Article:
Grenada restoring fiscal and external sustainability: IMF
In response to a request from the Grenada's authorities, an IMF mission visited Grenada's to hold discussions on a four-year arrangement under the IMF's Extended Fund Facility (EFF).
Concluding statement of the 2016 Article IV Consultation Visit and Fourth Review under the Extended Credit Facility (ECF), IMF Mission describes that since the last Article IV consultation in June 2014, Grenada has made major strides toward restoring fiscal and external sustainability. Economic activity has picked up, debt has been reduced, and the balance of payments position has strengthened. The government has also pushed through important legislative reforms to build a fiscal framework that will lock-in fiscal discipline over the long term. As the country heads into the last year of its ECFsupported program, renewed policy resolve will be essential to secure lasting success of the home-grown program and broaden the reach of its benefits. The key priorities in 2016 include execution of the budget in line with program commitments and the new Fiscal Responsibility Act (FRA); focused reforms to ensure prudent and sustainable management of the public sector wage bill; application of the new system to register beneficiaries for social assistance; and follow through on growthenhancing reforms in the areas of business facilitation and labor legislation.
Activity in 2015 remained robust. Fueled by growth in agriculture, tourism and construction, the economy is estimated to have expanded by 4.6 percent. Grenada experienced deflation of 1.3 percent (annual average) in 2015 due mostly to lower energy prices. The external current account deficit fell to an estimated 15.1 percent of GDP in 2015 from a peak of 23.2 percent in 2013 on the back of stronger tourism receipts and lower international oil prices. The current account deficit was adequately financed by tourism-related FDI and private capital inflows, and foreign reserves rose to 6 months of imports at end-2015. The real effective exchange rate has appreciated by 3.6 percent since mid 2014 due to the rise in the U.S. dollar, but this was partly offset by relatively lower domestic price inflation in Grenada.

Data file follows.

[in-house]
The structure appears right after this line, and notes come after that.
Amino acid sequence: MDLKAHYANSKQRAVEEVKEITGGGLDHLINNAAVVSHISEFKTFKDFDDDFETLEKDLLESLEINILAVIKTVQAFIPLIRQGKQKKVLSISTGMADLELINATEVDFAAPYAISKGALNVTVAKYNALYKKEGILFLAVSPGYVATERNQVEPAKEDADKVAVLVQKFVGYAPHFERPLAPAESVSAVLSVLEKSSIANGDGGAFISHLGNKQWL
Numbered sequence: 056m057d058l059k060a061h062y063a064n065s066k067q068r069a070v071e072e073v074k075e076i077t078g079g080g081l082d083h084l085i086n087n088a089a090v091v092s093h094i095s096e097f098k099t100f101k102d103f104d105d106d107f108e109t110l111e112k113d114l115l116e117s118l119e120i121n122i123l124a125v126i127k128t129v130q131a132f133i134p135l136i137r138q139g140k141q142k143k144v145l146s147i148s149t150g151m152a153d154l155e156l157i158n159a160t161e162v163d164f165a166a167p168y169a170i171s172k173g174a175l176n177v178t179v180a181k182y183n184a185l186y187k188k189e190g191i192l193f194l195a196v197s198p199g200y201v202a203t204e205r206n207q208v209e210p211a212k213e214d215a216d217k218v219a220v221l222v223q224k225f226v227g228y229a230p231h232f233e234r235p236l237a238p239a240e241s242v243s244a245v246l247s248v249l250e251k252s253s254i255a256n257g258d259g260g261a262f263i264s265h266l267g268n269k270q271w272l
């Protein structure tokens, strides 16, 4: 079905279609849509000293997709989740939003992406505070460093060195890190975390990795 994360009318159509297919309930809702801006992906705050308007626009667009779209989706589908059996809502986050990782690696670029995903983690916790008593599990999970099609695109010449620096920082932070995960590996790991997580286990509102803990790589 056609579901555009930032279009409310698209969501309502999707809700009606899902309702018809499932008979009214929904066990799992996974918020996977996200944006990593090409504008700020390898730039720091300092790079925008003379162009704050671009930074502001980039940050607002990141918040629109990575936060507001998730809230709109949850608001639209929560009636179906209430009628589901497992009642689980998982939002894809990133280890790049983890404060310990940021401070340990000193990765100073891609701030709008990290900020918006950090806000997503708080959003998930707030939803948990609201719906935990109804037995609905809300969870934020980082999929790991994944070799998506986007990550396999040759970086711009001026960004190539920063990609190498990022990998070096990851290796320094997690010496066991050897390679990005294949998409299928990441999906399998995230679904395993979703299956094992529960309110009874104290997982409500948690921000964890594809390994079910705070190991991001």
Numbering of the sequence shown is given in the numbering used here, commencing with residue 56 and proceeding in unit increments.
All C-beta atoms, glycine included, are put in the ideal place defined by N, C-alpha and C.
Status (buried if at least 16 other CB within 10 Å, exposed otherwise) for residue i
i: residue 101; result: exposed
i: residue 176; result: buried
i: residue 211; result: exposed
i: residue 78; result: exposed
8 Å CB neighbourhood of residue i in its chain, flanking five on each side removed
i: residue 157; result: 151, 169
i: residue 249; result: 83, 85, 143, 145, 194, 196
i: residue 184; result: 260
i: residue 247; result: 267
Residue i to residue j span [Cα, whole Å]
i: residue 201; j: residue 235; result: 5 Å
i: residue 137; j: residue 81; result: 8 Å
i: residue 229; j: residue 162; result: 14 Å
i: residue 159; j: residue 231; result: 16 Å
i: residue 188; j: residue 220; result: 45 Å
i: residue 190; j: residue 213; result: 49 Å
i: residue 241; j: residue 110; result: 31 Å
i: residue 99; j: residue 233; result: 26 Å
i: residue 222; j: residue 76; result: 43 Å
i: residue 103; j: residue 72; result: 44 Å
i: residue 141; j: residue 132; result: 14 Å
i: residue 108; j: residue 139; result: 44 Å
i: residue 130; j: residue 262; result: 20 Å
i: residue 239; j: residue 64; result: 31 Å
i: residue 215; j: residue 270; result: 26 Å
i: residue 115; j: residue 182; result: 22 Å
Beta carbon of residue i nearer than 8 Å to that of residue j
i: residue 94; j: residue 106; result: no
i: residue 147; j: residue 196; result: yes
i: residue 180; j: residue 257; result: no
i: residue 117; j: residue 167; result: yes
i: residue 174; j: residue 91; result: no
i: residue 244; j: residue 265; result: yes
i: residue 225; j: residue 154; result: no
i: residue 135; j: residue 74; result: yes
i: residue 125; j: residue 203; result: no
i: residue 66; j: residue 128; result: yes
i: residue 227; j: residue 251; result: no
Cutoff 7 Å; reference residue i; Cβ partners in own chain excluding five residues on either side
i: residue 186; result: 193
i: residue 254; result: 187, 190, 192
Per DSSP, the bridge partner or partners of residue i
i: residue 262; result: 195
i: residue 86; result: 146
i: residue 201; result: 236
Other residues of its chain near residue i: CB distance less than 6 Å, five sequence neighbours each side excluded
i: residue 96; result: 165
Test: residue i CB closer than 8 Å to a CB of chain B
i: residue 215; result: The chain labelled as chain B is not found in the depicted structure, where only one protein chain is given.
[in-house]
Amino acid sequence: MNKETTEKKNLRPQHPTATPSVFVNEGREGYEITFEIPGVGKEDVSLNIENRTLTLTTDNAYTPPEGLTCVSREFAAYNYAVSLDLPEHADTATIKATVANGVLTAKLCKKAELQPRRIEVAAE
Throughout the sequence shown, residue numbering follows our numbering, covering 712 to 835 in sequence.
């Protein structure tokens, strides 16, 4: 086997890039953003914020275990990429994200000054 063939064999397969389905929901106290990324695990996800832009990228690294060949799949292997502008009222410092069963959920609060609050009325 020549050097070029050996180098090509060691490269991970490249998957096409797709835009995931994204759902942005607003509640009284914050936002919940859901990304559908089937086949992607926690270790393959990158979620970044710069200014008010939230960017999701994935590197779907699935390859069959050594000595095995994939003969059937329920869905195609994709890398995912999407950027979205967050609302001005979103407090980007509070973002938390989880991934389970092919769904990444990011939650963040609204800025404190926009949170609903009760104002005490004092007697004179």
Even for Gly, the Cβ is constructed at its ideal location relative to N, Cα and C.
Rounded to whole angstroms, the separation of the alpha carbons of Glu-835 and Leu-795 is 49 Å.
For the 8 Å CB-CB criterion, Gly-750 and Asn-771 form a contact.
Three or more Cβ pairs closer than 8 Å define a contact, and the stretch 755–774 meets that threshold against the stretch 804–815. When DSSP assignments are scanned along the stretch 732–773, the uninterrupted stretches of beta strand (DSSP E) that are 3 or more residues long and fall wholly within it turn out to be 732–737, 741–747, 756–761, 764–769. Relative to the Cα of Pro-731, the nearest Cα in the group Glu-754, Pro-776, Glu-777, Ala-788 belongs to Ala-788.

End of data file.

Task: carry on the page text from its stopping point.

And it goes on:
Fiscal performance under the ECFsupported program was strong in 2015. The government met all quantitative performance criteria at end December. Stronger activity, recent revenue measures, and improvements in tax administration contributed to higher revenue collections, and current expenditure was contained. The primary surplus (fiscal balance excluding interest payments) is estimated at 2.2 percent of GDP (including Citizenship-by-Investment revenues). The government cleared all budget expenditure arrears in 2015, completing a key step to restore liquidity and confidence in the domestic economy. After intense efforts, Grenada concluded several important debt restructuring agreements in 2015. Public debt as a percentage of GDP was reduced from a peak of 107 percent in 2013 to 92.7 percent at end 2015.